Race in the American South: From Slavery to Civil Rights

By David Brown; Clive Webb | Go to book overview

INTRODUCTION

At the London Pan-African conference in 1900, the African American scholar and political activist W. E. B. Du Bois declared that 'The problem of the twentieth century is the problem of the color-line, - the relation of the darker to the lighter races of men in Asia and Africa, in America and the islands of the sea.' In his seminal book The Souls of Black Folk, published three years later, Du Bois explained the significance of the colour line. African Americans lived in the United States in their millions but were denied membership of its society. They were accorded second-class status in a system built on the pervasive ideology of innate white superiority and black inferiority that privileged whites above all other groups.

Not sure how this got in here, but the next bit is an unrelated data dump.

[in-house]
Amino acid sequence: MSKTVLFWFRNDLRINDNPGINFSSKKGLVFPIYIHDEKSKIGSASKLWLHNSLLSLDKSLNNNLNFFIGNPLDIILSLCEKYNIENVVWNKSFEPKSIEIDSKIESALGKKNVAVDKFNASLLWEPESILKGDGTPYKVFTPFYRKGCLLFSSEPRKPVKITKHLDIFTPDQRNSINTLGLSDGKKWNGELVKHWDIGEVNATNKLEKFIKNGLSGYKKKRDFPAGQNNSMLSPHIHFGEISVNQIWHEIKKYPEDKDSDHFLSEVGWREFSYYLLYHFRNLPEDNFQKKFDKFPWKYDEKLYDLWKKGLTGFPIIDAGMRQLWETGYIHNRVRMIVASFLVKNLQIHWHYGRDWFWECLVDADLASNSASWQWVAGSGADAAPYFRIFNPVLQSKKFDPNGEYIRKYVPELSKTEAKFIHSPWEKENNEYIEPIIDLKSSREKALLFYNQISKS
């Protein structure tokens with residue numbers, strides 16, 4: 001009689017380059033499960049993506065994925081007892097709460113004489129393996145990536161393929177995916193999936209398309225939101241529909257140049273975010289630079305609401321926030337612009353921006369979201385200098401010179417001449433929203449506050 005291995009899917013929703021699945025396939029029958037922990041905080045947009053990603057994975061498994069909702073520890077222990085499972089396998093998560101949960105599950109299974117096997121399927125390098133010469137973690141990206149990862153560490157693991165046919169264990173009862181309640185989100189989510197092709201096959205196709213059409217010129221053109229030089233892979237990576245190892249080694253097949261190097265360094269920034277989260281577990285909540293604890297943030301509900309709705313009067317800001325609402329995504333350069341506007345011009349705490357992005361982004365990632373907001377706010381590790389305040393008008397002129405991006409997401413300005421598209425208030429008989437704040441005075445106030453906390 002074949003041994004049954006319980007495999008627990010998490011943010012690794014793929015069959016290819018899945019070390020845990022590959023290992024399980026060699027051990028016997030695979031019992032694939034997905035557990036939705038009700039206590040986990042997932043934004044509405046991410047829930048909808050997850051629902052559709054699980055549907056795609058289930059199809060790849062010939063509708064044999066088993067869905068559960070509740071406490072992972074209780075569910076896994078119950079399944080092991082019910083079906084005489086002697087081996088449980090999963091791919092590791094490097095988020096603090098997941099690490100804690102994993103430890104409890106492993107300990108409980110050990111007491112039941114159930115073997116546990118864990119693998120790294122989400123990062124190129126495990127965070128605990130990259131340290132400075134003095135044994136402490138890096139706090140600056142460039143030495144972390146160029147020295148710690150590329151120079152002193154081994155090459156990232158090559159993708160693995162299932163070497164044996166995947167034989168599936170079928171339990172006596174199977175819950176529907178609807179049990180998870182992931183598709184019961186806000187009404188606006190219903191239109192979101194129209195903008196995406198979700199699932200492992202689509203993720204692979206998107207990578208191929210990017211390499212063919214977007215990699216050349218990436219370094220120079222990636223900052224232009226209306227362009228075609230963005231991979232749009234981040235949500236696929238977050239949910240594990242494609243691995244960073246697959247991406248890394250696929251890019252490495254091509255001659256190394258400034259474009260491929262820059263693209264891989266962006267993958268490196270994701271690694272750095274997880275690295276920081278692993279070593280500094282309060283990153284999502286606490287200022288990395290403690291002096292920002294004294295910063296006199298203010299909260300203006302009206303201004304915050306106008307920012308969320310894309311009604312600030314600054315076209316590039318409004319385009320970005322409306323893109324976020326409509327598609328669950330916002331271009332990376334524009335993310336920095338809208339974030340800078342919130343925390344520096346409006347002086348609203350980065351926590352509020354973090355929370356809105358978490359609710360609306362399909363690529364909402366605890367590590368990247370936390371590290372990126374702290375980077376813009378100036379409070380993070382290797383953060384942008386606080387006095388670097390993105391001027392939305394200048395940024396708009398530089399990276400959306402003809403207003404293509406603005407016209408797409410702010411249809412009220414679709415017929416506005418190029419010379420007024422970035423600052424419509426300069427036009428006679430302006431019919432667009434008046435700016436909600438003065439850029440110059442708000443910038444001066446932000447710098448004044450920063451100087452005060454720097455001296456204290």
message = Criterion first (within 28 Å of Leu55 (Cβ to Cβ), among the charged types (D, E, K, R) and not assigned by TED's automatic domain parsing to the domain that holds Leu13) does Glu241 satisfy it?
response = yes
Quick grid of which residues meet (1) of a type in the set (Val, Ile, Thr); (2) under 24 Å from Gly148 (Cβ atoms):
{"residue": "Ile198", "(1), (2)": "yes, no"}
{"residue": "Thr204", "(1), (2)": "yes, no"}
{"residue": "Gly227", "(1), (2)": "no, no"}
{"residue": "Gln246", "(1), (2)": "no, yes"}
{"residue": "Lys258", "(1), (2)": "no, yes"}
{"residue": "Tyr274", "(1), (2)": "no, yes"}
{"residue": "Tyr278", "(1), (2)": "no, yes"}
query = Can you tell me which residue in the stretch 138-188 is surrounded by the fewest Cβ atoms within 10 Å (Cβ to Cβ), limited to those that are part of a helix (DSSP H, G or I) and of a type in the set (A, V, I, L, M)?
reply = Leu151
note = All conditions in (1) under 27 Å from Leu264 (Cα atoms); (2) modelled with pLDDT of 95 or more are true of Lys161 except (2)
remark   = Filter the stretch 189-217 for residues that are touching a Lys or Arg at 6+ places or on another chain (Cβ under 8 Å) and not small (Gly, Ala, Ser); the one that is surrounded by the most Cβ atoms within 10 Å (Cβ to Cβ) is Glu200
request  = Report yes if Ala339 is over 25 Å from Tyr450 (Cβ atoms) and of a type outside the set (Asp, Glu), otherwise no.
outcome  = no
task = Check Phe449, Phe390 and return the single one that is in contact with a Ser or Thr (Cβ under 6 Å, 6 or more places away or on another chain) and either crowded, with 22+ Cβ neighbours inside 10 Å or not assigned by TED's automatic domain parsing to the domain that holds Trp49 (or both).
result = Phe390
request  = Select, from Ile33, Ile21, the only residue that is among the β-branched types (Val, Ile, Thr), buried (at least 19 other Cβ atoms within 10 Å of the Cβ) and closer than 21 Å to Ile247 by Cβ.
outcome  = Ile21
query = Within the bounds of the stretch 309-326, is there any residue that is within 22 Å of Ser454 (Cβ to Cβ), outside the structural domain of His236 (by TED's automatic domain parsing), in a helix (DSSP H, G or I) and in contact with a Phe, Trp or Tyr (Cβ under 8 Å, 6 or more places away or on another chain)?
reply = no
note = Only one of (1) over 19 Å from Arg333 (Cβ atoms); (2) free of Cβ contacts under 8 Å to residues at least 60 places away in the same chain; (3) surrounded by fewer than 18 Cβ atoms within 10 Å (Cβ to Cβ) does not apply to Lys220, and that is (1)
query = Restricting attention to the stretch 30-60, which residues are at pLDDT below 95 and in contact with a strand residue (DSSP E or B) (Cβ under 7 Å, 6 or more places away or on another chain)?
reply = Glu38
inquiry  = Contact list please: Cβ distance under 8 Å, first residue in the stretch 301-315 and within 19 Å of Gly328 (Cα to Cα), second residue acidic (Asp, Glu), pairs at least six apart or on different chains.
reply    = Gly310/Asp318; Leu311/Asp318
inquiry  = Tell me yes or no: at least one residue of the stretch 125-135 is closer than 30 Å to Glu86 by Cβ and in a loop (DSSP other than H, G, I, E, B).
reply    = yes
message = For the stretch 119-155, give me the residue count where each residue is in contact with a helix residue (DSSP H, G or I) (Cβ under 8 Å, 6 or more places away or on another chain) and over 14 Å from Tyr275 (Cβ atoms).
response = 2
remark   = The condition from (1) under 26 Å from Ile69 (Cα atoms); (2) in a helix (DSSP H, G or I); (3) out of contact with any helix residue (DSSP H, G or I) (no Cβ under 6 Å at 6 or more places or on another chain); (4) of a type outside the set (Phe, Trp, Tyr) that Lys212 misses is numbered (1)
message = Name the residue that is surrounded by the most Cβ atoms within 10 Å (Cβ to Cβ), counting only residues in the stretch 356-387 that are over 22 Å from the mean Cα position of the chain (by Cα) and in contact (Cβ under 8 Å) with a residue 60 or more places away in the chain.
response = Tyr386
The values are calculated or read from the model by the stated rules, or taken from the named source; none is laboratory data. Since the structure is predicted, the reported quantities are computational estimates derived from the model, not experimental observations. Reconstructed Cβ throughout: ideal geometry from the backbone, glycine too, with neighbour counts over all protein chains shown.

The problem of the colour line was not confined to the southern states, by any means, but it was more systematically enforced there than anywhere else in the United States. Dilemmas of race and racism have afflicted all modern nations, but in the twentieth century only the South African apartheid regime was built on the same fundamental rationale of racial inequality as the American South, arguably constituting 'the highest stage of white supremacy'.1 Jim Crow laws strictly regulated race relations in the southern United States, effectively creating two worlds in which whites and blacks were kept apart from one another as far as possible. Although a northerner by birth, Du Bois was fully aware of the hardships that American apartheid imposed upon all but the most fortunate southern blacks who endured inferior housing, schools and public facilities. However, it was not the outward, physical manifestation of segregation visible in separate parks, hospitals, restaurants, hotels, drinking fountains and even cemeteries that worried him most. Du Bois was more concerned with the inner turmoil caused by notions of racial inferiority. He identified a destructive feeling of 'double-consciousness' sapping the collective spirit of American blacks. African Americans were regarded as, and to an extent considered themselves to be, 'a problem'; they lived in a society that recognised their presence but

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